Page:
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Why Is Network Troubleshooting so Hard?

July 27, 2017

Networks are critical in enabling day-to-day business and operations by today’s companies. Unfortunately, this means when an outage occurs, the business can hit a standstill. The result? Revenue loss, damaged customer loyalty, and more.

Even more grave is the common state of troubleshooting for these outages. Network troubleshooting remains notoriously difficult for so many businesses, and unfortunately, networks are difficult to test through their very nature.

The first step towards any solution is fully understanding the problem. Below, we’re going to deeply discuss the manual processes making network troubleshooting scenarios so error prone, and outline each pain point encountered along the way.

Network Troubleshooting Methodology

Let’s get started, shall we?

Critical Network Troubleshooting Questions

A large function of what makes network troubleshooting so hard is that there’s so much information to work with!

As network administrators, we all spend an incredible amount of time stuck in the diagnosis phase, gathering and analyzing data, et cetera. Frankly, there is inadequate visibility at the network level, and this inhibits successful troubleshooting.

Below, we’re going to turn to each of the following network troubleshooting questions in turn and examine how each is “answered” in a conventional network setup:

  1. “What’s the path?”
  2. “How is it configured?”
  3. “What’s happening on the network?”
  4. “What’s changed?”

Network Troubleshooting Question: “What’s the path?”

In a conventional network troubleshooting scenario, you first have to identify what the traffic path is. What is the traffic flow for a given problem?

Network Troubleshooting Question: “How is it configured?”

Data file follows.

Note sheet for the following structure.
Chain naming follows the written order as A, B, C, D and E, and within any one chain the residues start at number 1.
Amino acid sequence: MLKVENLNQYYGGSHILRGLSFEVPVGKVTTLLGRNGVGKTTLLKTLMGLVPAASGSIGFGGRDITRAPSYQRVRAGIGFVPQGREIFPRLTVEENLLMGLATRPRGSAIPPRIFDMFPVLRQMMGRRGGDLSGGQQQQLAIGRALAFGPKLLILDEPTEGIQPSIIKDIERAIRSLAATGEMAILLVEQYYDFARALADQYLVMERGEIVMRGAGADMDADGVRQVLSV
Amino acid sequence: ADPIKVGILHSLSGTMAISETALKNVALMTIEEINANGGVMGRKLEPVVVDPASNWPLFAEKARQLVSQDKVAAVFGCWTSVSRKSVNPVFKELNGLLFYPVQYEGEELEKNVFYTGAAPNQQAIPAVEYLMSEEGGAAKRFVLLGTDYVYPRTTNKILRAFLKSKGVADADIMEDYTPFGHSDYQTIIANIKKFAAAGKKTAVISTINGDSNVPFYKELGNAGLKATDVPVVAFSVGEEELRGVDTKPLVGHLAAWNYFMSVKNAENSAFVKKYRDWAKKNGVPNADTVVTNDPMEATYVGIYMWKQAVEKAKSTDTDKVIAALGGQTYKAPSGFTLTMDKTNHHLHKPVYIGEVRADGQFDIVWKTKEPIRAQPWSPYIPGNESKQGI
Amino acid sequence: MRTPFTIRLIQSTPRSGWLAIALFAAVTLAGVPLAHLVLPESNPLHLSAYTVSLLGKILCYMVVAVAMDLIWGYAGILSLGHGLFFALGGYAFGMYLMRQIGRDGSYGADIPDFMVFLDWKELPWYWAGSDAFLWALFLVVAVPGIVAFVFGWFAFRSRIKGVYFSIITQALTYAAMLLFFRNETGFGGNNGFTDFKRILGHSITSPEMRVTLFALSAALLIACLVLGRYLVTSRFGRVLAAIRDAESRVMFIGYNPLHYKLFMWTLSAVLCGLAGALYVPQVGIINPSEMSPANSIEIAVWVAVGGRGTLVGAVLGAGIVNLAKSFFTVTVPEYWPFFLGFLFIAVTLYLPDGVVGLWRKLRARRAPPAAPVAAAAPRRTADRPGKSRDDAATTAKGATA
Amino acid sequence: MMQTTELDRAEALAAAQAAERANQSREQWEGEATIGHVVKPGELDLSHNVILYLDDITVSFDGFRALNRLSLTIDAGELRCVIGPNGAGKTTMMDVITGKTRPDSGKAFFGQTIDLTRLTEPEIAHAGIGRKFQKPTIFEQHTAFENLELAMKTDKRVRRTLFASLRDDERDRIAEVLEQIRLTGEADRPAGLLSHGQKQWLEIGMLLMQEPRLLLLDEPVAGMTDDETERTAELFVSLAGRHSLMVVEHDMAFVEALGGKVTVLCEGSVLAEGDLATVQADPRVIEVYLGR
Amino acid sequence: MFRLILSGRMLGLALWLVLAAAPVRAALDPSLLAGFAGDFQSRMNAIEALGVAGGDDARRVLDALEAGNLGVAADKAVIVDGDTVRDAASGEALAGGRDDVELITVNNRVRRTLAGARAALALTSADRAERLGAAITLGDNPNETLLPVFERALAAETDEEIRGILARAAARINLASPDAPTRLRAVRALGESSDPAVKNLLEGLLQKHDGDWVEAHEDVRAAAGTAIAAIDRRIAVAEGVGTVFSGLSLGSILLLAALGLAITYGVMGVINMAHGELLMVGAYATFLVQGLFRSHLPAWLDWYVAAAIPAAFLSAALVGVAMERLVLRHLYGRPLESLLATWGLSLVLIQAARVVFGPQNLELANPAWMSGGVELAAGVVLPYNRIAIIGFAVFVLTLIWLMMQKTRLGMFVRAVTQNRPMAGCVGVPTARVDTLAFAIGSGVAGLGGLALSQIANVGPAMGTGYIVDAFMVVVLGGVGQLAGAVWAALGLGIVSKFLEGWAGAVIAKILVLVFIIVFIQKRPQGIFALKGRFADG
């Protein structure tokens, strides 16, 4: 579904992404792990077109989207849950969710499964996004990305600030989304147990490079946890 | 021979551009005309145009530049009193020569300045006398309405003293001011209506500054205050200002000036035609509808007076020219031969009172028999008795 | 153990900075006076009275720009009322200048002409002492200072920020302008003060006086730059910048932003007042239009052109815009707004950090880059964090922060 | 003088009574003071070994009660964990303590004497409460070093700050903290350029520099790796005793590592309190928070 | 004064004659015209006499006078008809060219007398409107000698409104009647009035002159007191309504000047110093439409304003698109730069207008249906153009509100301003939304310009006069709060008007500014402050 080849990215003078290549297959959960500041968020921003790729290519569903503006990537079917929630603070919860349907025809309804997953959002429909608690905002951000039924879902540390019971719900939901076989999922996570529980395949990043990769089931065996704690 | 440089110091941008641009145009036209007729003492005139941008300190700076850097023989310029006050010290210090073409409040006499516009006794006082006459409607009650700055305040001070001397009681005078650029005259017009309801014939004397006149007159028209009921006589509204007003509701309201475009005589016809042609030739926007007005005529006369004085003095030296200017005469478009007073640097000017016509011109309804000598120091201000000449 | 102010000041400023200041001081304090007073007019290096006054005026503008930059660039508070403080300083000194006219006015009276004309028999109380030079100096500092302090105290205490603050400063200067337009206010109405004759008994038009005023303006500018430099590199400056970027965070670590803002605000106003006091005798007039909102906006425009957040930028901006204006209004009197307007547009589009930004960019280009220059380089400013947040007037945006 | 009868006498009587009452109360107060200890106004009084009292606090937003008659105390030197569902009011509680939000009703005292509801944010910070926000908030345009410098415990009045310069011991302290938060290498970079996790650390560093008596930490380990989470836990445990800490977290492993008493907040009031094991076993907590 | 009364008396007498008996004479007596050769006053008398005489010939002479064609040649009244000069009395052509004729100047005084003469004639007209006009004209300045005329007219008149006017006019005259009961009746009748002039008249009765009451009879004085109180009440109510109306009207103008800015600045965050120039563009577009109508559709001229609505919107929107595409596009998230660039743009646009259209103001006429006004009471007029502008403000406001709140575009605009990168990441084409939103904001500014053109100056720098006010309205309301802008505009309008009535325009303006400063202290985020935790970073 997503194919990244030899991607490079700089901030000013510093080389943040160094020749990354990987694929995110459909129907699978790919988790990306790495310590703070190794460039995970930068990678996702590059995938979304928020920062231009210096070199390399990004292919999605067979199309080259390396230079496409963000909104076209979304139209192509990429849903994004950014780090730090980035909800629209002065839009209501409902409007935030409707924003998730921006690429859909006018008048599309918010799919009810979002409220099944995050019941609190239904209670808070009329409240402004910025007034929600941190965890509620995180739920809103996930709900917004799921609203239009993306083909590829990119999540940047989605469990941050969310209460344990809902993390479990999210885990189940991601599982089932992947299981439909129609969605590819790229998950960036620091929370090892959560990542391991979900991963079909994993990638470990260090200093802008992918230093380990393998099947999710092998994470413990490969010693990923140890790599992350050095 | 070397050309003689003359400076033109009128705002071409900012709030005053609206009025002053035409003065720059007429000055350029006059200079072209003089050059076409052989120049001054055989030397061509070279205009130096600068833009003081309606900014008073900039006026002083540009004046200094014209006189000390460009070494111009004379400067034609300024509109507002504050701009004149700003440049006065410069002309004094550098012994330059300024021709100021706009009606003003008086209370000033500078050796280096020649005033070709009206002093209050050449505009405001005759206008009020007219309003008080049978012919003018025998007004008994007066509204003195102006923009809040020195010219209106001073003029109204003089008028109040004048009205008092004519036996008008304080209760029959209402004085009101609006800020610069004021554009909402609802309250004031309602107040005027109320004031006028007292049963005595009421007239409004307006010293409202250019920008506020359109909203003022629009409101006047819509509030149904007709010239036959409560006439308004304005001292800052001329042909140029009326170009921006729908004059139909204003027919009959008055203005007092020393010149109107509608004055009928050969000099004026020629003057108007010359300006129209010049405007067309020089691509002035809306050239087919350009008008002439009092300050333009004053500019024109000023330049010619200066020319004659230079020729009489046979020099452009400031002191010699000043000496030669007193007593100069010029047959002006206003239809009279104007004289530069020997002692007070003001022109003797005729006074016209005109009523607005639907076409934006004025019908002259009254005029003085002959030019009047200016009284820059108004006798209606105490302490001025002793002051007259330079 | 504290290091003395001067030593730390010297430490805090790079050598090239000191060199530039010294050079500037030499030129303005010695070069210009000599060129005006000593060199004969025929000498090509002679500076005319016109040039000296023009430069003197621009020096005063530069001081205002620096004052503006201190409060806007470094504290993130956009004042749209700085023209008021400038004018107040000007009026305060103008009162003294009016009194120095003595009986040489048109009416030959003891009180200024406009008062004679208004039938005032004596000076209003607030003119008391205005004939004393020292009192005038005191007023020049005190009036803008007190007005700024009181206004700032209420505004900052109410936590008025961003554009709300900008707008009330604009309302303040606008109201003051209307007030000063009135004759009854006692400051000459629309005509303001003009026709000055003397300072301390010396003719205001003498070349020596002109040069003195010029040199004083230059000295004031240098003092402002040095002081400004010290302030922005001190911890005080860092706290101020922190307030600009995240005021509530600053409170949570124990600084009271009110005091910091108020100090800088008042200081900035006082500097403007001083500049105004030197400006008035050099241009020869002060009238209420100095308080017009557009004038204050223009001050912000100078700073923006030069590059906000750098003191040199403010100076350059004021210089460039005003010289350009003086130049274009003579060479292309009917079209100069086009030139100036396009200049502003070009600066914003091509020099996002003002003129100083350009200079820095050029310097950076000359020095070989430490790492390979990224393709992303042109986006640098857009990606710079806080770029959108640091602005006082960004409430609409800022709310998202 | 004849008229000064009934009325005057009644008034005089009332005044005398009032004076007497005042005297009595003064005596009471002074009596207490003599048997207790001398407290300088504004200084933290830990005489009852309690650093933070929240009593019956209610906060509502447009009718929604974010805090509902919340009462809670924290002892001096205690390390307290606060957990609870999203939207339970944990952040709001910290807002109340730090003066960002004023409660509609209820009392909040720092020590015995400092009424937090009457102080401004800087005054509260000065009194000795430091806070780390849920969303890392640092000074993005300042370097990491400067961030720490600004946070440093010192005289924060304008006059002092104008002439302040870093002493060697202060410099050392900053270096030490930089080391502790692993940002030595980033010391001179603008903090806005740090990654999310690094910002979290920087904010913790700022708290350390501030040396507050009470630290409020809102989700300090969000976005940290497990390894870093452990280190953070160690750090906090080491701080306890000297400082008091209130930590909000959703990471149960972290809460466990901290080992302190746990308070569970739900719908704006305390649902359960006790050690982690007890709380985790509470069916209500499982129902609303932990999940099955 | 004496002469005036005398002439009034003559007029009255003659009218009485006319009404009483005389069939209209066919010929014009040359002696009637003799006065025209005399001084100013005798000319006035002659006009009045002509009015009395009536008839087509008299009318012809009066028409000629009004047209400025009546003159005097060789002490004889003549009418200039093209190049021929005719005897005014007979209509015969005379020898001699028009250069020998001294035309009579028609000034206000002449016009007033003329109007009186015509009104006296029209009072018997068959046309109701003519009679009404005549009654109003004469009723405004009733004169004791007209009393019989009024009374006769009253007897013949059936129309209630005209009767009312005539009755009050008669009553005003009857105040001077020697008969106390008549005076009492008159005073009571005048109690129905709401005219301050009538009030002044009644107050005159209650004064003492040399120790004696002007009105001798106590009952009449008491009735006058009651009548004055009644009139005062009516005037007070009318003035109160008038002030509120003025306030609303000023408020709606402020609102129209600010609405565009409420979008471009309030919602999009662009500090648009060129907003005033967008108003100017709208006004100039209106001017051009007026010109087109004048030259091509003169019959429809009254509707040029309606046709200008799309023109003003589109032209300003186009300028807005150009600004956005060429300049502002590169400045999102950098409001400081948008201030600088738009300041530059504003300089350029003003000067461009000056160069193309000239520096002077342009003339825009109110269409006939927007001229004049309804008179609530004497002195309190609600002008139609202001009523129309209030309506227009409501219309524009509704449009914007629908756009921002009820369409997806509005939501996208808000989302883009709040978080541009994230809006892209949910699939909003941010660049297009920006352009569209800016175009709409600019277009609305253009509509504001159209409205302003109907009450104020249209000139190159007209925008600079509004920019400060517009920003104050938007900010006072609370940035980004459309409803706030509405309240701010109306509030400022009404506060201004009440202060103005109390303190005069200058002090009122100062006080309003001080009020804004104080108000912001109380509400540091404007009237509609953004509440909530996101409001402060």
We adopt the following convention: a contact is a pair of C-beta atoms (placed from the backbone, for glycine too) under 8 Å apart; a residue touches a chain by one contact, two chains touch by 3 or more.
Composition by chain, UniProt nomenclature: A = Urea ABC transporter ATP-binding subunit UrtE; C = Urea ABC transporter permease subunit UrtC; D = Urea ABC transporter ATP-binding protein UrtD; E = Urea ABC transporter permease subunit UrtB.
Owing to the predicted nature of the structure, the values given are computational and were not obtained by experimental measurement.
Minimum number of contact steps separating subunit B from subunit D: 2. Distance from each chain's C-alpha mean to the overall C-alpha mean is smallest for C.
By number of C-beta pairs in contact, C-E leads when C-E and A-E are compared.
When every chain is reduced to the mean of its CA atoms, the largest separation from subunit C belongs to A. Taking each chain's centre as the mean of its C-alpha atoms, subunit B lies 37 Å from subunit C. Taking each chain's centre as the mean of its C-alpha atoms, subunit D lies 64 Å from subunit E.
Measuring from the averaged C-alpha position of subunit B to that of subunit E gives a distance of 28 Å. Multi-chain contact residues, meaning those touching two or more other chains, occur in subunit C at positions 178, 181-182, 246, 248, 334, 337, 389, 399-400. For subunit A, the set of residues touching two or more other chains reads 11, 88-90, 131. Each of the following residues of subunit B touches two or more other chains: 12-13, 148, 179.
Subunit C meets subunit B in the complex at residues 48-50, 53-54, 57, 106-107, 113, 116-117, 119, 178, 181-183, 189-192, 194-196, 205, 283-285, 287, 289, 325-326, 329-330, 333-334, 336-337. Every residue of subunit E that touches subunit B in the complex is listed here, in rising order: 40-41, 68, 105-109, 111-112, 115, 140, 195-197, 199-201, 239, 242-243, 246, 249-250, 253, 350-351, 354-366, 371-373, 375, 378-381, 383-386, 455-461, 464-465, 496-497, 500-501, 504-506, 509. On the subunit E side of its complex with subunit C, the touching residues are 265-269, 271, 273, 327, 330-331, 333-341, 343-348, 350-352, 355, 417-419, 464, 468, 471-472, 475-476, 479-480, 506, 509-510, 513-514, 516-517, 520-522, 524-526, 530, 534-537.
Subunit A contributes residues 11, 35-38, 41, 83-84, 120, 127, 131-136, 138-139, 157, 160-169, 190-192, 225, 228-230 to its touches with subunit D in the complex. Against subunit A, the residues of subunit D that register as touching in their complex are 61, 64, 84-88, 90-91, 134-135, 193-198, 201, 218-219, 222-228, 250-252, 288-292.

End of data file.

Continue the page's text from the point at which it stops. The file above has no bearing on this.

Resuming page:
From here, you attempt to divine how the traffic is designed to flow along the aforementioned path and discover how it’s configured. Each step must be performed in turn before we even attempt to ascertain what’s actually happening on the network.

Network Troubleshooting Question: “What’s happening on the network?”

After you’re able to clear up what’s happening with the traffic path, you turn to “What’s happening on the network?”

Specifically, during this stage of network troubleshooting, you attempt to answer what’s happening on live devices. In addition, you surmise whether there may be issues on any devices or interfaces, up and down and if they’re stable.

Network Troubleshooting Question: “What’s changed?”

The final issue during a conventional network troubleshooting exercise is asking, “What’s changed?” This is a crucial step, as visibility into that changed will deliver you visibility into 50% of the problem.

Now, all of the above may not seem like too much when you gloss over the steps on a document. However, the reality of being in the trenches is quite alarmingly different.

What Happens in the Trenches

Network Troubleshooting Problems
Let’s take a brief look at the common network troubleshooting user experience, in relation to actually dealing with the questions and problems divulged above:

1. First, you’re presented with an automatic monitoring alert indicating there’s a big issue that requires your attention. As part of determining the path, you work with network diagrams.

Even though these diagrams are the best resource you have, you’re stuck asking both “Where is the diagram?” and “Is the diagram up-to-date?” The latter is a particularly tough query because the networks are changing so frequently, and unfortunately, without updated maps, you only have ‘ping/trace route’ to understand how traffic is propagating

2. After this point, you’re stuck “getting in the weeds” with Command Line Interface (CLI) in order to probe configurations in an effort to ascertain design. This entails pulling up design docs, et cetera.

3. Finally, you’re left to frantic consultations with your team to determine “what’s changed?”  This involves pouring over change logs, which is a ton of work.

Network Automation as an Alternative

The alternative to all the time-consuming nonsense described above is leaning on a network automation platform to powerfully transform the process of network troubleshooting.

Intrigued? Learn more about NetBrain’s solution to Network Troubleshooting.